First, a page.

Just north of Lake Tanganyika in east Africa is the beautiful Republic of Burundi. And deep in the hills are the famous gorillas at play. Sounds wonderful . . . .
With a GDP per capita of US$267, the country’s 10.16 million people are among the poorest in the world. But despite this situation, the people are friendly, open-hearted and play a unique style music. The main two communities are Tutsi and Hutu and, despite their poor history, including the 1994 genocide in neighbouring Rwanda, they can be warm, loving and very caring.
A power-sharing agreement between the Tutsi’s and Hutu’s led to the signing of a new constitution in 2005, and to the election of President Pierre Nkurunziza. However, Burundi has seen escalating violence since Nkurunziza violated the constitution and won an illegal third term of office in 2015. Over 500,000 Tutsi’s and others have since escaped the country to neighbouring Rwanda, Uganda, Congo, Kenya and Tanzania. Some have even fled to Australia. This exodus is partly because of the new genocide imposed on the minorities by the ruling junta.
Here in Australia the Burundi refugees live in an atmosphere of intimidation as militia from Burundi come to our country to threaten those seeking sanctuary.
“I have witnessed these wicked actions in both Brisbane and Perth” said Mr Pacifique Ndayisaba, one of the respected Tutsi leaders. “When someone approaches you with a camera saying ‘I’ve got your picture and we know who your family is back in Burundi’, that is very scary” he added.
It is interesting to note that the Australian government has allowed the opening of a Burundian Consulate in Perth while warning Australians not to visit that country because of the inherent violence there.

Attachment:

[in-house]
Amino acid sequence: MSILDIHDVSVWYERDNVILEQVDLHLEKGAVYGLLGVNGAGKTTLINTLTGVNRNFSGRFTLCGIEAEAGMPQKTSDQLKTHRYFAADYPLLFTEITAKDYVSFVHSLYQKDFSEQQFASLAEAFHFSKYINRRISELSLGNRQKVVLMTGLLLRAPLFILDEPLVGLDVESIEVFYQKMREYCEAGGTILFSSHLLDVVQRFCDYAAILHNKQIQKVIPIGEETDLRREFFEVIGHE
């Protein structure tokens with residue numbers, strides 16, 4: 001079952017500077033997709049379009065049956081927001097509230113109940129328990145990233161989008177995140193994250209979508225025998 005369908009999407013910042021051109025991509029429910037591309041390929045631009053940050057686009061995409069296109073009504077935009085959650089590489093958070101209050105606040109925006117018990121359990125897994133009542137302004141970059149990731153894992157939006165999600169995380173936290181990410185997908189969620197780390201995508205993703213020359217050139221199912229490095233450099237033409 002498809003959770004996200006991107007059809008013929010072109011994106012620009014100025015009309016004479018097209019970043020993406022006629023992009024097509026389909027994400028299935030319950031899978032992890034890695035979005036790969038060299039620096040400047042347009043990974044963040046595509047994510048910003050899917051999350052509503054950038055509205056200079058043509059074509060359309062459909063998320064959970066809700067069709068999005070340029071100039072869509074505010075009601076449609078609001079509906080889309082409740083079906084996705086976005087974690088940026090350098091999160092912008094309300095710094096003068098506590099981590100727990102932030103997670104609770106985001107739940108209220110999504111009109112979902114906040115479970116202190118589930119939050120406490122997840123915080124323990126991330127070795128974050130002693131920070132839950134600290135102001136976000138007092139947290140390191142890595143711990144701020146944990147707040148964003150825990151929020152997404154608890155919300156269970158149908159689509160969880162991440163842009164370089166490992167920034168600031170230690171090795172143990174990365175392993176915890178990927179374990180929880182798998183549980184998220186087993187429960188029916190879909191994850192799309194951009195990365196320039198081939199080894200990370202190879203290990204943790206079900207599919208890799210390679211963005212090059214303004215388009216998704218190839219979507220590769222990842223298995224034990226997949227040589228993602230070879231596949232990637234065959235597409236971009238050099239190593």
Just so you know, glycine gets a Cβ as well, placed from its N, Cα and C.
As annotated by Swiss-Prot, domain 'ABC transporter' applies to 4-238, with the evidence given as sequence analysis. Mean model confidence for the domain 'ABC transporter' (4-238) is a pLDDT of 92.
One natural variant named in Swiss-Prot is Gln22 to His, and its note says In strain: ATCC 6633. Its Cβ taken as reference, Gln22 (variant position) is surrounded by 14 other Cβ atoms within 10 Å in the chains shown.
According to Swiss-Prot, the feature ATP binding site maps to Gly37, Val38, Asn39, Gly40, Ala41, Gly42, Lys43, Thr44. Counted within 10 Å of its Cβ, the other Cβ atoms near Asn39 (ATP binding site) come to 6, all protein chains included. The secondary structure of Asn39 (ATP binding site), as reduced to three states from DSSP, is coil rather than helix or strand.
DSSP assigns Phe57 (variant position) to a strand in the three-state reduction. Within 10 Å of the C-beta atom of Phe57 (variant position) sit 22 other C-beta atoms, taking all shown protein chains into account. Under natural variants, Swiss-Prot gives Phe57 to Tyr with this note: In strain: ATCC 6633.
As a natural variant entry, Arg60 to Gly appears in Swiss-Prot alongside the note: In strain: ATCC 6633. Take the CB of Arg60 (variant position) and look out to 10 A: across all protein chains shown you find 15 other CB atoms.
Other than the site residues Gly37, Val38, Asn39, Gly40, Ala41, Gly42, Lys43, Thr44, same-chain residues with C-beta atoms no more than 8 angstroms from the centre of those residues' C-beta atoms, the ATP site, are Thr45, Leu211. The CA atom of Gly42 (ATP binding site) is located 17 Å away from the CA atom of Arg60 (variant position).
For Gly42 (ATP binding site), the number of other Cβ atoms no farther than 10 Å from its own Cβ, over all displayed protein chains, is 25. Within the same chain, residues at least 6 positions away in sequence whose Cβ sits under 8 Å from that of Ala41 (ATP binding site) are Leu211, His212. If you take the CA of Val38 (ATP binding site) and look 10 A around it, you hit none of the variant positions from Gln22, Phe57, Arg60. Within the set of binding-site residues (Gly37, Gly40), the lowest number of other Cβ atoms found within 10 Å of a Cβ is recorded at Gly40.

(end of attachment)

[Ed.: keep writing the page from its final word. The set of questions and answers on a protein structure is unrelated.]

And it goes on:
“There is a double standard here” said Philip Feinstein of the Music for Refugees organisation. “I personally spoke to the consulate, Australian Barry Court, who commented on the safety of travel to Burundi despite warnings on our DFAT website” he added. “I believe he is putting Australian lives at risk.” This new consulate is located in a Perth church run by Barry Court’s wife, Margaret Court, our former tennis hero.
Early in November Music for Refugees ran a fundraising evening at the St Stephen’s Church in Sydney for the benefit of over 30,000 Burundian refugees currently residing in a very poor camp called Nakivale in southern Uganda.
“Having visited the camp I saw first-hand the squaller and impoverished conditions that these people are living in” said Feinstein. “They have no water, very little medical assistance and zero education for their kids. The list goes on” he implored.
With a greeting of ”Amahora – Welcome” to the 200 guests, the dire messages on the night were interspersed with beautiful African music and dancing. Even the Aussie audience got involved.
“It was wonderful to see Australians open their hearts as we collected over $7,000 on the night” said a jubilant Pacifique Ndayisaba. “But we also need to focus on the current catastrophe as the Tanzanian government is forcing refugees back to Burundi to a very uncertain future. We are hoping that Australians report to their political leaders about this upcoming genocide” he said.
The audience on the night left with heavy hearts knowing just how tragic the situation is for those Burundian refugees.